Gov. Lee’s annual State of the State won’t be held in the state Capitol. But is that legal?

Gov. Bill Lee delivers his second State of the State address in Nashville on Feb. 3, 2020. (Erik Schelzig, Tennessee Journal)

In the interest of social distancing, tonight’s State of the State address has been relocated to the War Memorial Auditorium. There’s just one problem: State law requires the annual address to be given inside the state Capitol.

A 1973 newspaper ad.

Governors used to deliver their annual State of the State speeches to the Tennessee Press Association. Lawmakers didn’t like that arrangement, so they changed the law in the 1970s to require the speech to be given before a joint convention of the General Assembly gathered in the House chamber.

It’s not the first time Gov. Bill Lee’s plans for the State of the State have raised questions. Following his 2018 election, Lee announced he’d try to get out of the “bubble of Nashville” by delivering the annual address at various locations around the state.

Those plans were thwarted by the same state law requiring the speech to be given in the state Capitol, the Associated Press reported at the time.

“Bill will give the State of the State speech in the House Chamber each year as mandated by the statute,” a Lee spokeswoman told the AP in 2018. “But he also plans to give addresses outside of Nashville around the State of the State to engage with Tennesseans.”

UPDATE: Lawmakers point to a joint resolution passed by both chambers on voice votes in January that said the House and Senate would meet “in the War Memorial Auditorium for the purpose of hearing the State of the State address by the Honorable Bill Lee, Governor of Tennessee.”

But the state law says the General Assembly “shall” call a joint convention “to convene in the chamber of the House of Representatives.” Whether the statute gives lawmakers the leeway to call a meeting outside of the House chamber is a matter of interpretation.

10 Responses to Gov. Lee’s annual State of the State won’t be held in the state Capitol. But is that legal?

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    Phillip Lassiter says:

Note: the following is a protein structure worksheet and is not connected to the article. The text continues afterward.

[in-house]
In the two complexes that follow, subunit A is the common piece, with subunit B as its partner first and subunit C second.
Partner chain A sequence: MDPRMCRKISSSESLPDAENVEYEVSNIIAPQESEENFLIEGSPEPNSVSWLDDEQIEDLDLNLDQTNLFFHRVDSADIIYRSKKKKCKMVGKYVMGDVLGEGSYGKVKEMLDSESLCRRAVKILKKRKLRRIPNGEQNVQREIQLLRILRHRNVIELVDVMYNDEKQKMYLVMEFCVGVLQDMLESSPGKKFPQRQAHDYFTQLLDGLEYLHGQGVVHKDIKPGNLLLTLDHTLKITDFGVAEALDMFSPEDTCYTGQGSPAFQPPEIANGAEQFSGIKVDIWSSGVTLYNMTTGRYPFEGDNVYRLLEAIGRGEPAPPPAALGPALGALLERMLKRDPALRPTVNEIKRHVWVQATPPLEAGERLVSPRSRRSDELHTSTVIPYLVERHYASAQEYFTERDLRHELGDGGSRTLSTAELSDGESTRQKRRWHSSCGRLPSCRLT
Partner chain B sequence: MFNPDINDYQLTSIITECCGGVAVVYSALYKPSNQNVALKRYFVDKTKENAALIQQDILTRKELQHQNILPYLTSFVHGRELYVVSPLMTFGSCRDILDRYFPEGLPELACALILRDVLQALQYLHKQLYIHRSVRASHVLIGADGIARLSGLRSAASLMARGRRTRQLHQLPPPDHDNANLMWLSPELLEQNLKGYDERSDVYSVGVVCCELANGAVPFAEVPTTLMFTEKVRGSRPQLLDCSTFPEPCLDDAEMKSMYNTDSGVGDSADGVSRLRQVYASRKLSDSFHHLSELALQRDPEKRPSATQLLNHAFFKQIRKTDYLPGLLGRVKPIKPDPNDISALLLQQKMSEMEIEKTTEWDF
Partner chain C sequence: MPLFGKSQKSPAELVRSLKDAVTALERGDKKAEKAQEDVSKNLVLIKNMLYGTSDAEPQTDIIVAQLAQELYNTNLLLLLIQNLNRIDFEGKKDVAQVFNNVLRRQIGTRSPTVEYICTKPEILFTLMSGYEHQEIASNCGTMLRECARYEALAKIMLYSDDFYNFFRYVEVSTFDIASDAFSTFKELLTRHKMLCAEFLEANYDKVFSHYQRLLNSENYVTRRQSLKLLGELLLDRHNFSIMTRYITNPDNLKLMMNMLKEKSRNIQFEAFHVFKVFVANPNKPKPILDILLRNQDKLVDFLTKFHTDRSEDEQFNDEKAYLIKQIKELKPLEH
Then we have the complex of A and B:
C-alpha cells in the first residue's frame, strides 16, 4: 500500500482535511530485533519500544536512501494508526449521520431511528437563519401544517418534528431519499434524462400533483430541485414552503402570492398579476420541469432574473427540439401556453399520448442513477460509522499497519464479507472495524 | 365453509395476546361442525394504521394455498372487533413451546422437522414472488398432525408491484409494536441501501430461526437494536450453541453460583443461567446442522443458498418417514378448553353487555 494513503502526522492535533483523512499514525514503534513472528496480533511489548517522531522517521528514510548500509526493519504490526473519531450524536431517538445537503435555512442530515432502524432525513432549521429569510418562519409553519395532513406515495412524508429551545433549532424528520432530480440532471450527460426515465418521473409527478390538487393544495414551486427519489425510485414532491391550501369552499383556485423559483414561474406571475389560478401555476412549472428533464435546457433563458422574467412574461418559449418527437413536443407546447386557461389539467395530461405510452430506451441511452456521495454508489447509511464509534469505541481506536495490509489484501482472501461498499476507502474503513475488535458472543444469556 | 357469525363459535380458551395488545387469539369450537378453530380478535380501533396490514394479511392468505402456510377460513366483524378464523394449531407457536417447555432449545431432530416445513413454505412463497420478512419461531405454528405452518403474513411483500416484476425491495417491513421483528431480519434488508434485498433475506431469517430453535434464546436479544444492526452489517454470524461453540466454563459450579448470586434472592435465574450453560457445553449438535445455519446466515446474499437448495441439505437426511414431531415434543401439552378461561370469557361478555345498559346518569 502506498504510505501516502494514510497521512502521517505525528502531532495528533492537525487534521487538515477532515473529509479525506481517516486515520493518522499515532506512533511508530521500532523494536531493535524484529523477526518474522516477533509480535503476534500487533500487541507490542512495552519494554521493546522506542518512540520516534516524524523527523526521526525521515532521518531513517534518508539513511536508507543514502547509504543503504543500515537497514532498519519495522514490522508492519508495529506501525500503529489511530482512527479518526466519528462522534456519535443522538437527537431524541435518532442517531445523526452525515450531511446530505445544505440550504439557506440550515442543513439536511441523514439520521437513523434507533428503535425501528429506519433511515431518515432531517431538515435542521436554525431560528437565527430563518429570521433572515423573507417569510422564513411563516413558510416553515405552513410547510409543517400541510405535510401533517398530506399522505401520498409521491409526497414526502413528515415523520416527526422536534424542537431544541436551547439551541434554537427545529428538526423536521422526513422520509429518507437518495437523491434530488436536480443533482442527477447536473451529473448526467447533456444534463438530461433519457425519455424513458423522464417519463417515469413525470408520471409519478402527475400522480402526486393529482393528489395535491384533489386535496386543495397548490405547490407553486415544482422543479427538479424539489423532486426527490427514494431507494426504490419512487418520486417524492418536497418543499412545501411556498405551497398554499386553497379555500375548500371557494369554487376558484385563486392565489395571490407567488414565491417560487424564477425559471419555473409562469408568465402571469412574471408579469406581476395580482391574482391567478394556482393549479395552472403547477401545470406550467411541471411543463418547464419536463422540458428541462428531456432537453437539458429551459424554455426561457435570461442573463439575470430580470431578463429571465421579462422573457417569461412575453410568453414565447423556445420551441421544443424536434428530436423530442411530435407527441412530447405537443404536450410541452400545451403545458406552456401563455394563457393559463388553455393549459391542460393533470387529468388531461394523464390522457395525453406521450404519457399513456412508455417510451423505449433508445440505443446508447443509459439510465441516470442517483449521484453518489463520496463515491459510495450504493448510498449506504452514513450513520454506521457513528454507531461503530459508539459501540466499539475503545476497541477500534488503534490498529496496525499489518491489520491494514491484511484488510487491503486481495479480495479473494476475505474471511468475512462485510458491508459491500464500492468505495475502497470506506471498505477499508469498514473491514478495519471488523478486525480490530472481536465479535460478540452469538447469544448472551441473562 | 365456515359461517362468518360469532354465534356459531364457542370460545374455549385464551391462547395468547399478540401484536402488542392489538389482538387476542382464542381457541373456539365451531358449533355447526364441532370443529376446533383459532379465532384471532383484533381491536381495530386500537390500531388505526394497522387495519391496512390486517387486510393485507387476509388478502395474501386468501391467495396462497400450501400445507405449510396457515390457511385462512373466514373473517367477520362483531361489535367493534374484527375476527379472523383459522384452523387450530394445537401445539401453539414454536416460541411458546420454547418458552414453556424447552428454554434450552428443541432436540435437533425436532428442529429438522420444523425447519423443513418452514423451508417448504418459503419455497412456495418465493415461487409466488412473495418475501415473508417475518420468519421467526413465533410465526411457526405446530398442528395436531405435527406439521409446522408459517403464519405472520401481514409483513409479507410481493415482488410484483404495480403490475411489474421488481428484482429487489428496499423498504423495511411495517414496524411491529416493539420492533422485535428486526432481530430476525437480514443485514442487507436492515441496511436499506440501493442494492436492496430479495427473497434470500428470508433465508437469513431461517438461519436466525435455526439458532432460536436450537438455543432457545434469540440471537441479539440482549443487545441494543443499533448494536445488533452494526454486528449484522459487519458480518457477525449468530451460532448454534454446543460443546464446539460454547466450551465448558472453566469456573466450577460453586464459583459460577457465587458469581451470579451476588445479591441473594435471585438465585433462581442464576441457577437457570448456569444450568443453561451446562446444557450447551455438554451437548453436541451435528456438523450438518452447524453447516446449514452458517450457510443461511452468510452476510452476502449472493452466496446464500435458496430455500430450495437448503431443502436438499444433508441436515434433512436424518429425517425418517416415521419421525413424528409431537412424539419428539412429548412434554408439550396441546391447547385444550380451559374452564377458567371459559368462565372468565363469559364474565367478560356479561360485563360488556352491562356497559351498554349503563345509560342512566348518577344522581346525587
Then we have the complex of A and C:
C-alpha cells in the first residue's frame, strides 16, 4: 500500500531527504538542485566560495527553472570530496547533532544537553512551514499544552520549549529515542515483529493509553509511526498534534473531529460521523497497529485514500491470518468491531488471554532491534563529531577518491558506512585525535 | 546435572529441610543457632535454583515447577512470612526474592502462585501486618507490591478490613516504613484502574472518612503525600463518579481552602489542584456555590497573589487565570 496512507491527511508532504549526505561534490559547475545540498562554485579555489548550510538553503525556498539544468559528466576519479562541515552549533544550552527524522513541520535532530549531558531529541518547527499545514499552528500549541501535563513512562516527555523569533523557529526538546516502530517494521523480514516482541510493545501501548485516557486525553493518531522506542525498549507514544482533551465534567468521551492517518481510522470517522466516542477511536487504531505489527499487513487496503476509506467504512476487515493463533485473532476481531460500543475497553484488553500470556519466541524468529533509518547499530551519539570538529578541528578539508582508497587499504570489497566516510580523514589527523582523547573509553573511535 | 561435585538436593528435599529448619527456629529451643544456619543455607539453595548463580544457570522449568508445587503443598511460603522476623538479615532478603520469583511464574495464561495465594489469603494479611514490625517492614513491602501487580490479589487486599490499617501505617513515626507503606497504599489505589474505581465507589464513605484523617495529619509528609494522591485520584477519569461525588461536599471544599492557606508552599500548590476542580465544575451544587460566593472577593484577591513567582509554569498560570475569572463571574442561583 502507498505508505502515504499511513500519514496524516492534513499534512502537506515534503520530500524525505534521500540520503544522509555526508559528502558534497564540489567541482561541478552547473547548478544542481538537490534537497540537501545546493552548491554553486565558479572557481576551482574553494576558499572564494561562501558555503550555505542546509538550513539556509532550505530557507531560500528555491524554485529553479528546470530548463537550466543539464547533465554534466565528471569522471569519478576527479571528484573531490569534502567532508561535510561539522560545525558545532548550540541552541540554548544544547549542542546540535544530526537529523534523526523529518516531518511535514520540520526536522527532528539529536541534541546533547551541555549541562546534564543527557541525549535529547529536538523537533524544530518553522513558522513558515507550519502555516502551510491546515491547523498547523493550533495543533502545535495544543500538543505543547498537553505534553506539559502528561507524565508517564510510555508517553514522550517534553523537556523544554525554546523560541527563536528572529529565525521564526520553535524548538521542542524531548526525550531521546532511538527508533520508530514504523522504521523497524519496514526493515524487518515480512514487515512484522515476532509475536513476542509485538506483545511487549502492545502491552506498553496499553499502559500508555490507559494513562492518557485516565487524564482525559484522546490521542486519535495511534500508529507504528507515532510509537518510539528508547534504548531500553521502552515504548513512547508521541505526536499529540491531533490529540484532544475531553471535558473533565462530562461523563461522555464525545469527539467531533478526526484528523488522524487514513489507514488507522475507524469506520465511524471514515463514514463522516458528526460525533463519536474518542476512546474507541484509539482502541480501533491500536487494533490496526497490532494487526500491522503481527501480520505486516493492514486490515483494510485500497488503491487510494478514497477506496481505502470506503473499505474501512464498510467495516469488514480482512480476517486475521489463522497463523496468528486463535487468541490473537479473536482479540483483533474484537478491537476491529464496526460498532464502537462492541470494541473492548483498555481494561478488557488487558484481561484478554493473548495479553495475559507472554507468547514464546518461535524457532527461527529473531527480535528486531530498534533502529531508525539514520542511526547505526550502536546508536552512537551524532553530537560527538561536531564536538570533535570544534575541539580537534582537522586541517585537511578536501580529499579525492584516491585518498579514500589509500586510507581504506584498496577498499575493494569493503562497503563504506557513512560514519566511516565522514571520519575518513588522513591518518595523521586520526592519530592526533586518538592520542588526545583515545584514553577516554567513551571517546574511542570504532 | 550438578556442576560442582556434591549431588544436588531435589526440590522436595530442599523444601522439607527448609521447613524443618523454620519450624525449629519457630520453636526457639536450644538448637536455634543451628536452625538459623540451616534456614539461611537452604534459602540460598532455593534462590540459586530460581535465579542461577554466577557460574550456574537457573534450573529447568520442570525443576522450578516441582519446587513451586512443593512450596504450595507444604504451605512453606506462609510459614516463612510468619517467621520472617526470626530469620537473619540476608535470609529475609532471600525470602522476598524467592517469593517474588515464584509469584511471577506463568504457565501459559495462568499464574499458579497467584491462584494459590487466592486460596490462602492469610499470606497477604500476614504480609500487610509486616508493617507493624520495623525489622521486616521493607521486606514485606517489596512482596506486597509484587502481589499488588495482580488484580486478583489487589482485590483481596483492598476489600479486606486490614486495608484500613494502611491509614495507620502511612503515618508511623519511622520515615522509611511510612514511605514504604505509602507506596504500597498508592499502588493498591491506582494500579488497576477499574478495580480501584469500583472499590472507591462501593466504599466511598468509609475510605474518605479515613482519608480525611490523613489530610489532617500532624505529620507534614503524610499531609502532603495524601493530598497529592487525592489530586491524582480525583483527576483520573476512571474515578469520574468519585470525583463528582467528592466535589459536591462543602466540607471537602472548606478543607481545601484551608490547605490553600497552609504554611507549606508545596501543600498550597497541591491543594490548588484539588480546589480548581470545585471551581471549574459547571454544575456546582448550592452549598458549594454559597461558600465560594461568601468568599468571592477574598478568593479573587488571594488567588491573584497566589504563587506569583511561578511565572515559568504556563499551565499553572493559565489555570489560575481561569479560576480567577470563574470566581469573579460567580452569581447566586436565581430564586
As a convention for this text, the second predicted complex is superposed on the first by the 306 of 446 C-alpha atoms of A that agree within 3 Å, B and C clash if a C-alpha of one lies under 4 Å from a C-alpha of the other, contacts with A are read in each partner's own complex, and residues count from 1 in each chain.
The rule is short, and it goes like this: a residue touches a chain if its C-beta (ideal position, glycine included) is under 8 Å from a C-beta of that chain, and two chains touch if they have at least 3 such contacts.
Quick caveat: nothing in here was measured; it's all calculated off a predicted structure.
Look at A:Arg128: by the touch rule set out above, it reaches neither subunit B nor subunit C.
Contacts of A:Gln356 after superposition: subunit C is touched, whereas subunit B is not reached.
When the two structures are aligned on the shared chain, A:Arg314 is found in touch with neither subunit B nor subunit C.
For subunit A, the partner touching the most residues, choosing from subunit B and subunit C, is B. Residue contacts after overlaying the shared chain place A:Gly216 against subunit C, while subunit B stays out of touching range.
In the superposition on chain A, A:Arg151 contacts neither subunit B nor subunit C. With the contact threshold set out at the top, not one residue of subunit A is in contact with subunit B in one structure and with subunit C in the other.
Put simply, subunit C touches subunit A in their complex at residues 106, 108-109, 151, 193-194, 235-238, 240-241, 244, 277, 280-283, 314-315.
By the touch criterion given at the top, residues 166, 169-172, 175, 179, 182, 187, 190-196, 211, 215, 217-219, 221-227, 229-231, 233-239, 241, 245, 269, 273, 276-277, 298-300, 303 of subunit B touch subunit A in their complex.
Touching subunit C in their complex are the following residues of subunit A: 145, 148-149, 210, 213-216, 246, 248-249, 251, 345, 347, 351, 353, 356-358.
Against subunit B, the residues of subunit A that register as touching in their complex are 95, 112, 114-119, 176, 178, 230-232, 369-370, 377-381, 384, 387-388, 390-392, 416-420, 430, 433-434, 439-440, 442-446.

Breaking the law is the norm.

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    Cannoneer2 says:

    Our Republican “leadership” will play fast and loose with everyone else’s safety, but it’s a different issue when their own precious backsides are on the line….

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    Henry Walker says:

    Interesting article. Not that anyone would really care, but I suspect that the House could get around this requirement by temporarily designating the War Memorial auditorium as the House chamber.

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      Erik Schelzig says:

      Here’s what the code says: “The general assembly shall by joint resolution call a joint convention of the senate and house of representatives to convene in the chamber of the house of representatives for the purpose of hearing a state-of-the-state address by the governor.”

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      Georgiana Vines says:

      That’s too easy a solution.

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    Not that Stuart guy says:

    I love these stories on arcane bits of law. Would’ve liked to have learned more about why the leg didn’t like the SOS speech being given to the TPA. Perhaps state papers had more teeth back then? As Henry said, the letter of the law can be addresses to meet the spirit in this case. I’d wear a mask inside War Memorial, but I assume most wont.

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    Mel Russell says:

    Y’all are throwing a hissy fit over This?!?!
    Roll yalls sleeves up, get to work for the betterment of Tennessee citizens!
    Do something that really matters!!!

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    Jonathan Swift says:

    You have to love it when the governor doesn’t have a clue about existing laws. Maybe he should have the AG pay less attention to overturning federal elections and more attention to compliance with state law.

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    Taxpayer #314 says:

    It would be nice if our government just followed the law. The good old republicans say that it is a “tempest in a teapot.” As usual they are quick to explain away any unlawful attempts by their high scoring friends in the legislature. If the Governor wants to come outside of his Nashville shell of yes men and meet with the real public, why not organize such a gathering? But don’t come to preach to the crowd, come listen to what the public has to say to our legislators. Now that would be worth the budget for it and I am sure that the governor would learn a few things.

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